Begin is an interesting word. When I hear it, I think of writing exams because the phrase “you may begin” was often spoken to grant us permission to turn over our papers and get started.
“You may begin” was an external permission just as the starter’s gun begins a race.
Sometimes we forget that we seldom need permission to begin. In most situations, we can simply decide and more importantly, DO.
We often celebrate beginnings. The first day of school. The first week of a new job. A wedding is often referred to as “The Beginning of Your Life Together.” (Although, I’d like to point out that is only true if you just met the day of your wedding).
Because of this, though, beginnings can become associated with a sense of BIGNESS and feel as if they require a lot of planning.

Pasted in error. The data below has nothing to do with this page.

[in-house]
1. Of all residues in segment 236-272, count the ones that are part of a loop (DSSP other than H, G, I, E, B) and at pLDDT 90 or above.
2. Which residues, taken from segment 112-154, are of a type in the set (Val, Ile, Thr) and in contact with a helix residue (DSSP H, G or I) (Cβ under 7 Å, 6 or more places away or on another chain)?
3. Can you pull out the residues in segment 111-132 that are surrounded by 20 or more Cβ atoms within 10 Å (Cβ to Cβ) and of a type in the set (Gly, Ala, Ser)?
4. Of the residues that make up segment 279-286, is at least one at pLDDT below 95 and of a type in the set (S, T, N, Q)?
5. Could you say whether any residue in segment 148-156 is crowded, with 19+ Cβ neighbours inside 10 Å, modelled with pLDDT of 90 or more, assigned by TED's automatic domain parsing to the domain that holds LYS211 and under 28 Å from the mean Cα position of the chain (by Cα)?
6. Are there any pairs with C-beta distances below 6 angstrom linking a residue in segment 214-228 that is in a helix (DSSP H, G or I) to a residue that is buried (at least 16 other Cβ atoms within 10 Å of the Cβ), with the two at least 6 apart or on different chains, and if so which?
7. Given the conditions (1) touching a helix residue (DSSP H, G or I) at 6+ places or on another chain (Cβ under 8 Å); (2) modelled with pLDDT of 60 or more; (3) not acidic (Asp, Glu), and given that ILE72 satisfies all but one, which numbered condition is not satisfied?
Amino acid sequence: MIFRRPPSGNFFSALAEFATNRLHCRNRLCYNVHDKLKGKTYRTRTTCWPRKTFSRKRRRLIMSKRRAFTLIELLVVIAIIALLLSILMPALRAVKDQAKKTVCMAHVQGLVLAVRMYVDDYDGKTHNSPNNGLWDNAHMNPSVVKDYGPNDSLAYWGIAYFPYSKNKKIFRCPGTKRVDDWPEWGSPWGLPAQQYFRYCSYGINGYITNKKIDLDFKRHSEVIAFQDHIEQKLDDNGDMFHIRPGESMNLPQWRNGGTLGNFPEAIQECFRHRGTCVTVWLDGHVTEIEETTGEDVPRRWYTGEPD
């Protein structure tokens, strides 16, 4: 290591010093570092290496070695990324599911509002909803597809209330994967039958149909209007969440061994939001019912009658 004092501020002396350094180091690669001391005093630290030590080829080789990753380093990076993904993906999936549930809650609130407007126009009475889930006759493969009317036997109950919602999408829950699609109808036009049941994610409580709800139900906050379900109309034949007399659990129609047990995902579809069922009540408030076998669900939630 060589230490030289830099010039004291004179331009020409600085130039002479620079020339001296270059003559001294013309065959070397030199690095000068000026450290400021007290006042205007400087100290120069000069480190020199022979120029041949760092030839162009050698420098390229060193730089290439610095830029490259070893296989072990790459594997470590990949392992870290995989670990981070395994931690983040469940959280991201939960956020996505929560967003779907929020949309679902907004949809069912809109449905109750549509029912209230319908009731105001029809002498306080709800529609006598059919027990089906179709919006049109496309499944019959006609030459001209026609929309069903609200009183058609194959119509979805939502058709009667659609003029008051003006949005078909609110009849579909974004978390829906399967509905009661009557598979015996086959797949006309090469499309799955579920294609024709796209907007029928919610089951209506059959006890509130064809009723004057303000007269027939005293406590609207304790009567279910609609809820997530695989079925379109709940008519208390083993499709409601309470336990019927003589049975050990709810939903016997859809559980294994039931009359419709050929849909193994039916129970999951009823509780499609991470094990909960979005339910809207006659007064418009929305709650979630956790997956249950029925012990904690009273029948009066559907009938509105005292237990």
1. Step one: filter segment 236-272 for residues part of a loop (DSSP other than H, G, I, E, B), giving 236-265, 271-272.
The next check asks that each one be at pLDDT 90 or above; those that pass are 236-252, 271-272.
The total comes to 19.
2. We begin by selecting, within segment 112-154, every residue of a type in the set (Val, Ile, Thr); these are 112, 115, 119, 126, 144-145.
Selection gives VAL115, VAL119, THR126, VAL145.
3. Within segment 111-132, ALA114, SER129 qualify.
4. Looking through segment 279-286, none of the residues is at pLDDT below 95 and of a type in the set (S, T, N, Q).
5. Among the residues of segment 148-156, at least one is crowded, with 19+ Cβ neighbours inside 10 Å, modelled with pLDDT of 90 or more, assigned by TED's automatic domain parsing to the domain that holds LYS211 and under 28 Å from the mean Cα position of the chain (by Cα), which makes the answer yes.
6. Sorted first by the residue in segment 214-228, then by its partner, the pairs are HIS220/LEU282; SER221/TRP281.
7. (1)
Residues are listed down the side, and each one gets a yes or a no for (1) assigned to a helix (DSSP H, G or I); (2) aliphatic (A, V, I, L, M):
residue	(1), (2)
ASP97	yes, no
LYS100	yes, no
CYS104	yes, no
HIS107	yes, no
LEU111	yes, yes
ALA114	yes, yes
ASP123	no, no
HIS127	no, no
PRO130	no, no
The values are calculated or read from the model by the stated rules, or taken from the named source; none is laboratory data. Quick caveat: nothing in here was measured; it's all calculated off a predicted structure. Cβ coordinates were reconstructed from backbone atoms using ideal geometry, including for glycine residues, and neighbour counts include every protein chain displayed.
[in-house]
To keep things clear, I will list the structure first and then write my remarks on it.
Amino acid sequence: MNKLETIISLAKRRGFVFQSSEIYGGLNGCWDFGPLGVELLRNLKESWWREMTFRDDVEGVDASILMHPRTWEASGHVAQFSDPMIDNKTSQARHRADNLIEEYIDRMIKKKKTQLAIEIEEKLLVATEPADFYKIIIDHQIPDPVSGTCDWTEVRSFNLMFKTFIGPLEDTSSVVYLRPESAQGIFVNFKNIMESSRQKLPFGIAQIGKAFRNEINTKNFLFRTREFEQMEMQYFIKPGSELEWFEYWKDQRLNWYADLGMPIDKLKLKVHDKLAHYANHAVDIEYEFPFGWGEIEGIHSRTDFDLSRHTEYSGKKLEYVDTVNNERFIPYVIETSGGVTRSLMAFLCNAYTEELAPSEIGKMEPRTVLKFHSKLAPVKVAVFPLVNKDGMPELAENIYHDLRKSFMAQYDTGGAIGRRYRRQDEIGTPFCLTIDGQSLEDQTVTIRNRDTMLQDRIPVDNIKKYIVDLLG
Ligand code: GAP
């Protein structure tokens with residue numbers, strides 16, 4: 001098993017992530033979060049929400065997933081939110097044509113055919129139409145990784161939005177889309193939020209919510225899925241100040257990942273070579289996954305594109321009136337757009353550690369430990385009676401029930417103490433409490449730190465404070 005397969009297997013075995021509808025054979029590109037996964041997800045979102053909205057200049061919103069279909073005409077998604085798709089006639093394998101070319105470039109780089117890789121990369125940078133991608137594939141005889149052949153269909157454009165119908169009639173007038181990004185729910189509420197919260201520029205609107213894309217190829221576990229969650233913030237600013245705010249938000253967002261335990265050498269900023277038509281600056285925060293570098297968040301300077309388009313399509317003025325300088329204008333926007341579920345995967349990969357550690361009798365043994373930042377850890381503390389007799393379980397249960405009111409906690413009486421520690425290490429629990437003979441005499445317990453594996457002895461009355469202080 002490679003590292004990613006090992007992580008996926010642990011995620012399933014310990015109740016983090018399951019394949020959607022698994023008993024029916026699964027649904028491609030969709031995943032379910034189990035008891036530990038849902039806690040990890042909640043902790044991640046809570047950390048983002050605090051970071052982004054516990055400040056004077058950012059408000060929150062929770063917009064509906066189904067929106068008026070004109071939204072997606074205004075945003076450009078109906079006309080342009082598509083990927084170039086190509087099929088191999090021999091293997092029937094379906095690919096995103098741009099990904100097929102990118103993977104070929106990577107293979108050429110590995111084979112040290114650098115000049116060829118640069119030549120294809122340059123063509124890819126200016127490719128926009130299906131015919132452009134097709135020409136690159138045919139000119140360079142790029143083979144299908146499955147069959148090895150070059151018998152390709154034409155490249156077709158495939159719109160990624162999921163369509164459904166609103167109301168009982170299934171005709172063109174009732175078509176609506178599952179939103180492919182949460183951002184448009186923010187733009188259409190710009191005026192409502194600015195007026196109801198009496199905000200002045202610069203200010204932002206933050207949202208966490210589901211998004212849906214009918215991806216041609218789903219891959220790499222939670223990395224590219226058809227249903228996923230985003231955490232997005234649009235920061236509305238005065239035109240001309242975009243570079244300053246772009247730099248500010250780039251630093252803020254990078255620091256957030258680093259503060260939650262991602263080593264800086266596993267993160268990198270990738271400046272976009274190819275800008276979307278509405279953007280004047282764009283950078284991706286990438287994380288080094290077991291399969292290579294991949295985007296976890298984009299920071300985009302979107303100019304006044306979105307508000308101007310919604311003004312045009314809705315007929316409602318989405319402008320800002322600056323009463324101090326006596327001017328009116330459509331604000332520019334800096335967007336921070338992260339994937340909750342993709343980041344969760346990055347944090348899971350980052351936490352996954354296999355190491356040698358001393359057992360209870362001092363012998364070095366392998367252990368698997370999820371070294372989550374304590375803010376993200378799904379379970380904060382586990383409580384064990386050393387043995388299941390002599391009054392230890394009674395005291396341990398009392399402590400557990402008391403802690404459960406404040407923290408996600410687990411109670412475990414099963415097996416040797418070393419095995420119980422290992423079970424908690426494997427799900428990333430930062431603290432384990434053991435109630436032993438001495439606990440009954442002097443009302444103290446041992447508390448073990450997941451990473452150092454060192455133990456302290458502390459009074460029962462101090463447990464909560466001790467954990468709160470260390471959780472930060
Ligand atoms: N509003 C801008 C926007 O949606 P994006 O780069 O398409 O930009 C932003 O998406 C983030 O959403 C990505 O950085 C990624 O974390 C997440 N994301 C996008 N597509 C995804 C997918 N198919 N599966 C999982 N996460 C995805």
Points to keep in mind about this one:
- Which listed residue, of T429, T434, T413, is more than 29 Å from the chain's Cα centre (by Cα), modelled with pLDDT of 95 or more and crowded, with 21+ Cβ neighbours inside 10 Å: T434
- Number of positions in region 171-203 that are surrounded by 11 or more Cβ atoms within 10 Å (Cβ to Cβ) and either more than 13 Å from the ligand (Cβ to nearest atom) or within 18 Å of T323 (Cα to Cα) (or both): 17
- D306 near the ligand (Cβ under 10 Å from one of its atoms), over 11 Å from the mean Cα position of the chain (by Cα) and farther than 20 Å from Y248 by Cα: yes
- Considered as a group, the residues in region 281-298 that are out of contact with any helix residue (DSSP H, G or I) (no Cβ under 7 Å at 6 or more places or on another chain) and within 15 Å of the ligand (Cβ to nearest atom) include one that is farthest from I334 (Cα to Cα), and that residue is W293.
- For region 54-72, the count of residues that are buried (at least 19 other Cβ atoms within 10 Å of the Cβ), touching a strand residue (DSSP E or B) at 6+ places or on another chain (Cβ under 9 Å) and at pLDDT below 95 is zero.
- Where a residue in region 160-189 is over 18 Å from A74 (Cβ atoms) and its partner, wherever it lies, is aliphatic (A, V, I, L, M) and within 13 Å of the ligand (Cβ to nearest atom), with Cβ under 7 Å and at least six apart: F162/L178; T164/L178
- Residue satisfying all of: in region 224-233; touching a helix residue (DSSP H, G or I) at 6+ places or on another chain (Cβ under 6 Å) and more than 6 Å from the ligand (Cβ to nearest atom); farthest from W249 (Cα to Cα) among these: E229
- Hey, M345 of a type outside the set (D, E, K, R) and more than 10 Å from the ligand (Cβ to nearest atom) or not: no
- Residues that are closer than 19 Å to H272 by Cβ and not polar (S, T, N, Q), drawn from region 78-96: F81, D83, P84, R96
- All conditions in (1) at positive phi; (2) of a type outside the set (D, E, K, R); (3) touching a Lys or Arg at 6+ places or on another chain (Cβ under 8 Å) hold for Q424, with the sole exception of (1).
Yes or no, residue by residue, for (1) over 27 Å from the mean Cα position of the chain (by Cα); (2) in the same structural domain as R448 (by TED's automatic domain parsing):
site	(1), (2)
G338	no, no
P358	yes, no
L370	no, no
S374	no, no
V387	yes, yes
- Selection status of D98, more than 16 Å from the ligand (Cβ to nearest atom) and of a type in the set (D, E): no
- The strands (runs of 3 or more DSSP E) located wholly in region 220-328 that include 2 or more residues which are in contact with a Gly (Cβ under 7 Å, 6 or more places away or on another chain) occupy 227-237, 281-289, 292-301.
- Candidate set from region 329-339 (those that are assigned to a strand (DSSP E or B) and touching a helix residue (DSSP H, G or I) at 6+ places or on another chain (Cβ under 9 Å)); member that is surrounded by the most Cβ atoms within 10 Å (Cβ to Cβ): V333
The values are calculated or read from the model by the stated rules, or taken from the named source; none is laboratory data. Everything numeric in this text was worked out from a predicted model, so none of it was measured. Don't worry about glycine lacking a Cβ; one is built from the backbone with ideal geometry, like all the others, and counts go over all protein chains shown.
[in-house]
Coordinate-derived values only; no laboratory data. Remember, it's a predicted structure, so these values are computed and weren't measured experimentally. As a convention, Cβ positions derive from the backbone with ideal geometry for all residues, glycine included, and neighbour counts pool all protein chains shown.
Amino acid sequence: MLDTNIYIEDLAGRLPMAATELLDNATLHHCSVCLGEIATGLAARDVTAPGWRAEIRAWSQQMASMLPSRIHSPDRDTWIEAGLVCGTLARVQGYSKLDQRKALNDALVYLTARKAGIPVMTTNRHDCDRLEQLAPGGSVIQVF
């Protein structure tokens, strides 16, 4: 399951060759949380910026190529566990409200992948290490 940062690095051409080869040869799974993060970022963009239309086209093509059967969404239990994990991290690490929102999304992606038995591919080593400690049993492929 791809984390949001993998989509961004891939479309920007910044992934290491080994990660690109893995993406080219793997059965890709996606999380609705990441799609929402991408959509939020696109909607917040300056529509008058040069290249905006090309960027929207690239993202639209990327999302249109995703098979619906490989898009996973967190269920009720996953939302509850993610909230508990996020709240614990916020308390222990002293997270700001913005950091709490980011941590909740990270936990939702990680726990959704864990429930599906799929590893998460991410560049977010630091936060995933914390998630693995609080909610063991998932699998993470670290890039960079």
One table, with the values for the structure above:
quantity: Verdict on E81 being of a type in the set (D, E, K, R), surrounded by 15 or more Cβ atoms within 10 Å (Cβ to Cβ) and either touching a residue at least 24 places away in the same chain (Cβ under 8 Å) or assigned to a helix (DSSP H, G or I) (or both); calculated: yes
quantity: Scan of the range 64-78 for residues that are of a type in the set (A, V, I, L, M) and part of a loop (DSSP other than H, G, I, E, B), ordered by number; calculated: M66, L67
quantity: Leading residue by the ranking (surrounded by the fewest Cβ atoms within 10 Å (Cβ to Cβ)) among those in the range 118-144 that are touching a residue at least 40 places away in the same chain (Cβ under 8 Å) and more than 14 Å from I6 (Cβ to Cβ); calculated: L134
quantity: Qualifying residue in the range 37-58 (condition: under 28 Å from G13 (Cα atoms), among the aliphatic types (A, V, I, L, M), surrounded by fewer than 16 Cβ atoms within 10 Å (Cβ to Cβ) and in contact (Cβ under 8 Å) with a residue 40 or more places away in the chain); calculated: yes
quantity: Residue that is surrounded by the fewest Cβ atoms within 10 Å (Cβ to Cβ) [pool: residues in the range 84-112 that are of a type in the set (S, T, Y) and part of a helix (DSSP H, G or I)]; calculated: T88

Often it works better to do the opposite. Don’t make a big deal about beginning something new; just quietly take action. Don’t over-think: just decide and then take some action (even something small).
This is the time of year when we often contemplate where we are versus where we thought we would be, and we make plans for what’s next.
There’s nothing wrong with that if you remember that everything begins with both a decision AND an action. For example, if you decide you are going to get in shape; instead of making plans to join a gym and then researching options online, perhaps go for a walk.
You may begin. Right now. Today.